Queensland’s government has unveiled the Queensland Residential Tenancies Practice Guide, formalising the temporary requirements and protections for tenancies impacted by the Covid-19 pandemic. The Practice Guide was published to help property owners and their tenants in their discussions to negotiate a way through the next six months while there is a moratorium on evictions.
What is the Queensland Residential Tenancies Practice Guide?
The state government worked with Tenants Queensland and the Real Estate Institute of Queensland to develop the guide which provides an outline for landlord and tenant negotiations of arrangements for residential tenancy agreements, including rooming accommodation agreements, for people impacted by the Covid-19 pandemic. It sets out the steps for tenants and property owners to negotiate variations to residential tenancy agreements, including rent adjustments and breaking leases, supporting the process through to a successful outcome for all parties. It also sets out the steps for the conciliation process which is facilitated by the Residential Tenancies Authority (RTA). This process is mandatory where parties are unable to reach an agreement.
What’s included in the Queensland Residential Tenancies Practice Guide
Ending residential tenancy agreements
The emergency response has made changes to when and why property owners and tenants can end their tenancy agreement during the Covid-19 pandemic emergency period to 30 September 2020. Property owners can only end tenancies that are Covid-19 impacted if they are preparing to sell the property and it needs to be vacant, or if they or an immediate family member needs to move in. Evidence may be required and penalties may apply for misusing the approved reasons.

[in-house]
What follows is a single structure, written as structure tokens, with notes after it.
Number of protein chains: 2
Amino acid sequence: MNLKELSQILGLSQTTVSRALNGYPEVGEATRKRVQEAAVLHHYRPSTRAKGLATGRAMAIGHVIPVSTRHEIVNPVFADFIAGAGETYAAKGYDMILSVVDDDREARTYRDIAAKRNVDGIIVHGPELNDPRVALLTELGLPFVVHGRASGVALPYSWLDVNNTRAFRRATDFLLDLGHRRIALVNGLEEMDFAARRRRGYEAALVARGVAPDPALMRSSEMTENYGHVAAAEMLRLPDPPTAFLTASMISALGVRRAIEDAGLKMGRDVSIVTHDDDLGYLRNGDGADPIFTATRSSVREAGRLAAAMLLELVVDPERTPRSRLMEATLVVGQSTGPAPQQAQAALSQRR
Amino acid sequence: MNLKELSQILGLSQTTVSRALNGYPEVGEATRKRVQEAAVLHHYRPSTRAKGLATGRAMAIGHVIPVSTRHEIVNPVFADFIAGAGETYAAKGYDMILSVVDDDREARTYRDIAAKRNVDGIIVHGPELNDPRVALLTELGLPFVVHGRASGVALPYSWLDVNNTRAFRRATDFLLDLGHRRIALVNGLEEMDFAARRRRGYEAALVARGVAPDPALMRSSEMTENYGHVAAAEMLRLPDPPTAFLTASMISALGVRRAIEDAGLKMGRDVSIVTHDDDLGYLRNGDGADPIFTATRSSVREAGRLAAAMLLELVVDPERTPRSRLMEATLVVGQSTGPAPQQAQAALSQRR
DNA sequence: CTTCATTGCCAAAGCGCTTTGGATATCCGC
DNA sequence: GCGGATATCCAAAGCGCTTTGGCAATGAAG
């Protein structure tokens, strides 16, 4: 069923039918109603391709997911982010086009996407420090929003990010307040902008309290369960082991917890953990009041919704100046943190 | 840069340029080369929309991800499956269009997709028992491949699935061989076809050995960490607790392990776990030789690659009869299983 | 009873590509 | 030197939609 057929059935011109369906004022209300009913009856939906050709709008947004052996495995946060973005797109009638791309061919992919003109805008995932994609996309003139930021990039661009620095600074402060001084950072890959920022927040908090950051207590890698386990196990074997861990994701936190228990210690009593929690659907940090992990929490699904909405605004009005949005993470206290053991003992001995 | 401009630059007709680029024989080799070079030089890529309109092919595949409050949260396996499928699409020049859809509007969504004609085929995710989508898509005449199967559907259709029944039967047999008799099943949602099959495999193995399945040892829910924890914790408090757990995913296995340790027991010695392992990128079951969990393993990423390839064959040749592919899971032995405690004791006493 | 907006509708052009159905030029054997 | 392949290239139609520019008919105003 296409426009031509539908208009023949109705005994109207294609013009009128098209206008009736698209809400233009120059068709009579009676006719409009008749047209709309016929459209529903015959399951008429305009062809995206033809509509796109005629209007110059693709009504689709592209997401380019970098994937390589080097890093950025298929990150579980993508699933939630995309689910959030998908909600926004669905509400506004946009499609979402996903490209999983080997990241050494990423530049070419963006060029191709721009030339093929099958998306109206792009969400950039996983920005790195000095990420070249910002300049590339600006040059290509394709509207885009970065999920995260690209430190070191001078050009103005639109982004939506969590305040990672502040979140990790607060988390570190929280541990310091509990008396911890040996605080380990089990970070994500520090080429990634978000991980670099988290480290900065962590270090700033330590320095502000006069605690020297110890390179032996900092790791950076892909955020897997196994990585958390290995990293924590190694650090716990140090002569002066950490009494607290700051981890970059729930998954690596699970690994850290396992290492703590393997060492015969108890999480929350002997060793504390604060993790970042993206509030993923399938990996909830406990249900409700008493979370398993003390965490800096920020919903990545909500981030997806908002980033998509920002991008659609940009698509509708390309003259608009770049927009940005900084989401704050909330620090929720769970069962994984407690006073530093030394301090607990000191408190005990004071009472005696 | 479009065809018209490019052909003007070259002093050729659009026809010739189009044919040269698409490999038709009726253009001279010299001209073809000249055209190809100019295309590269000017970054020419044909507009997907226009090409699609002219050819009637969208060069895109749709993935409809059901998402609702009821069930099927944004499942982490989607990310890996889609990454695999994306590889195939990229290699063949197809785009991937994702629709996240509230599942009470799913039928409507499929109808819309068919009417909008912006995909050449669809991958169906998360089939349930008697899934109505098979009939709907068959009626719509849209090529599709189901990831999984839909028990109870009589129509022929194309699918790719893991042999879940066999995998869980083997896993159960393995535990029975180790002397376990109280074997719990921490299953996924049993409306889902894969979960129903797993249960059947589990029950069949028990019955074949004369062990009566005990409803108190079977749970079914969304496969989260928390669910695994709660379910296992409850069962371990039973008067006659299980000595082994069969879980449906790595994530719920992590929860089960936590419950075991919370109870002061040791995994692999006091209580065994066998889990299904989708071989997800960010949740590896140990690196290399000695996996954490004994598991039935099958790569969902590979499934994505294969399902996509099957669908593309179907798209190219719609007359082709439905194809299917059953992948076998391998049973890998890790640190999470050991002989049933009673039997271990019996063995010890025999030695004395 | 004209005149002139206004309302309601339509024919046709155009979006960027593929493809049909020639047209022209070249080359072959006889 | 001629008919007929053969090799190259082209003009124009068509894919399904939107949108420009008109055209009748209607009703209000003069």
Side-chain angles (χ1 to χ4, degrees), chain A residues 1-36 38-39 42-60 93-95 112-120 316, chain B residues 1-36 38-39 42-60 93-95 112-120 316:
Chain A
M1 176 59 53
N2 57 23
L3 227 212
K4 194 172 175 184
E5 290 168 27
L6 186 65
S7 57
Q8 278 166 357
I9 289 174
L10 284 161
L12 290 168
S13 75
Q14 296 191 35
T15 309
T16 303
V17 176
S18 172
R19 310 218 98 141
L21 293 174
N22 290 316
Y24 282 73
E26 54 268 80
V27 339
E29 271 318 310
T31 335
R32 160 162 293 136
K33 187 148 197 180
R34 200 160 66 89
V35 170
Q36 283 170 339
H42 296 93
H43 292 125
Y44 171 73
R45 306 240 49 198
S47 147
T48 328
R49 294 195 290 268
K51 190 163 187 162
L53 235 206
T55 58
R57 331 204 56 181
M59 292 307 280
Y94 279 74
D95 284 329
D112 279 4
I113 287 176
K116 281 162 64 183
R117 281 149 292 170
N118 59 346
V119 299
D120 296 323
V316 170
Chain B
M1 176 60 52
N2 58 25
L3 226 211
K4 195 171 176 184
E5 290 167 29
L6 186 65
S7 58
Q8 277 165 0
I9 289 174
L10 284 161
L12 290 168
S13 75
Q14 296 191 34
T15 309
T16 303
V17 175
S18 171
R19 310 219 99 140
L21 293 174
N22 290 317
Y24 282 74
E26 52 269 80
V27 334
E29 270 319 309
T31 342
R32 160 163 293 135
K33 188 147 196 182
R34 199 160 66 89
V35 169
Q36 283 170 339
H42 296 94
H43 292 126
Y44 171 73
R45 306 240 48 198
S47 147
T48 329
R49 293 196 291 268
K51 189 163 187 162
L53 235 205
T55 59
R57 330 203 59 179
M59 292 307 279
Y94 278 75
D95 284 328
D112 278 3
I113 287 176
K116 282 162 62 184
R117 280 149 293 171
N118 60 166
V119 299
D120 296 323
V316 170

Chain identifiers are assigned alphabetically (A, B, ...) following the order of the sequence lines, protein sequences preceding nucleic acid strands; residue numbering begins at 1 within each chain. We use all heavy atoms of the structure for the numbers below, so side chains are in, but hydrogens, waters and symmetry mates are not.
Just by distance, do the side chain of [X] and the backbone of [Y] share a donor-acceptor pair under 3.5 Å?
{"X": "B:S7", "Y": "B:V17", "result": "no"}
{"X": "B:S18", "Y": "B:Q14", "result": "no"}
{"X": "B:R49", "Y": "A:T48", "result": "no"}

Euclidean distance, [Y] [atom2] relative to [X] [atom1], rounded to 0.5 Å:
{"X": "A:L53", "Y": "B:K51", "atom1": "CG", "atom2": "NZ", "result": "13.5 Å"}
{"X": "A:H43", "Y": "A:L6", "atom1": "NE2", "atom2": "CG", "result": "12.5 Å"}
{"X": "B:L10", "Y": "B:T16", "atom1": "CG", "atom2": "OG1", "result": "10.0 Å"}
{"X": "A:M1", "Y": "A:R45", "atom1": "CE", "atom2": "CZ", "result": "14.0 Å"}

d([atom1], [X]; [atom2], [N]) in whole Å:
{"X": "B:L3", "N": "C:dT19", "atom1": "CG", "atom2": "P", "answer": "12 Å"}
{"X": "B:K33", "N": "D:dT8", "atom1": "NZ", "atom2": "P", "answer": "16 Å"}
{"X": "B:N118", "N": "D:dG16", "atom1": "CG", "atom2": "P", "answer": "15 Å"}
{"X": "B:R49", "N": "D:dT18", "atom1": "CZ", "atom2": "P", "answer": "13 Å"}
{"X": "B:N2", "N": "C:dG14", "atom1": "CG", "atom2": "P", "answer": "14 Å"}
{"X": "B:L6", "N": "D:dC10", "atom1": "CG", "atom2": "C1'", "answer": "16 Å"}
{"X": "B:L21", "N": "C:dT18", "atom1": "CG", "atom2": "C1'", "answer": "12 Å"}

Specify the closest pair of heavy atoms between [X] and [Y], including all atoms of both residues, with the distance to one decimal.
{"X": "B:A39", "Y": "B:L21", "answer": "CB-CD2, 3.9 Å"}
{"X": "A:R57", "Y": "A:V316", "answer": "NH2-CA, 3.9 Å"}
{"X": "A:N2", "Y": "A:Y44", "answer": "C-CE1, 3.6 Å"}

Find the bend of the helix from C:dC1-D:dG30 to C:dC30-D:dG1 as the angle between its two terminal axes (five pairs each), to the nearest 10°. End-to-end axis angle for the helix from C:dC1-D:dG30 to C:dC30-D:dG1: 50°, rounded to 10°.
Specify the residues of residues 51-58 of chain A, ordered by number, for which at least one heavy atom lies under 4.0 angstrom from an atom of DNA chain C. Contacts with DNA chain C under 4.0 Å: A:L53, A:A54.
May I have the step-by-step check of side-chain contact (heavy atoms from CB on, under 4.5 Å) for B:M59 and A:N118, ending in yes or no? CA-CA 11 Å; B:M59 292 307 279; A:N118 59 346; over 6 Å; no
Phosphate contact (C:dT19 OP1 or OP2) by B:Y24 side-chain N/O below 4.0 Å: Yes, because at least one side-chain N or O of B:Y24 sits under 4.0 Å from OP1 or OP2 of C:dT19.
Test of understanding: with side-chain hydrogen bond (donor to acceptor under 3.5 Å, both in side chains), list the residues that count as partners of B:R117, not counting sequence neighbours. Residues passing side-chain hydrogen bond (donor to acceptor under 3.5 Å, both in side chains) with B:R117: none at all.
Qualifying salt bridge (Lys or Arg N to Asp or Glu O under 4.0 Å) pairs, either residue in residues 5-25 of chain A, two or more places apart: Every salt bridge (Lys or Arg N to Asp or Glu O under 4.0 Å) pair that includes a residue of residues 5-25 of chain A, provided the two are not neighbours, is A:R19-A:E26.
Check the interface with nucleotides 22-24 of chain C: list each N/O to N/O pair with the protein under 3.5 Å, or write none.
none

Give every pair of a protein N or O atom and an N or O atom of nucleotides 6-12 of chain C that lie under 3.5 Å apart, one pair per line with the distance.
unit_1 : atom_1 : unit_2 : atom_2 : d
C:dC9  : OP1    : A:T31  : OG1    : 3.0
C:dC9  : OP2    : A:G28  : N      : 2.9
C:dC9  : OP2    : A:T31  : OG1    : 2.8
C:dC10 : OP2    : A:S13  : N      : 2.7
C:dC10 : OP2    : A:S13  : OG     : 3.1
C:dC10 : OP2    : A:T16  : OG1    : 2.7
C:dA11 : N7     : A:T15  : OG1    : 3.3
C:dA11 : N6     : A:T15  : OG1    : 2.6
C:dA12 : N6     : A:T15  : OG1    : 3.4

Tenants can end an agreement with or without grounds after providing the required notice during the Covid-19 emergency period if they’re experiencing domestic violence or the property is not in good repair within seven days of moving in. Tenants who need to end their fixed-term lease early, have lost 75 per cent or more of their income, and have less than $5000 in savings, will have their break lease costs capped at the equivalent of one week’s rent.
Entry into rental properties must be in line with public health directives and advice and can only take place when necessary. Entry may be necessary to respond to emergency repairs or comply with ongoing regulatory obligations to ensure tenant safety, such as monitoring smoke alarms. Entry is also permitted if the property owner believes it necessary to protect the premises from damage. Where possible, inspections should be completed via video.
Tenants can refuse non-essential physical entry for routine repairs and inspections, inspections for sale, property valuations and reletting, and abandonment if they or a member of their household is under quarantine, if entry contravenes a public health direction, or if someone in the household is a vulnerable person who should limit their contact with other people.
Negotiating rent variations due to Covid-19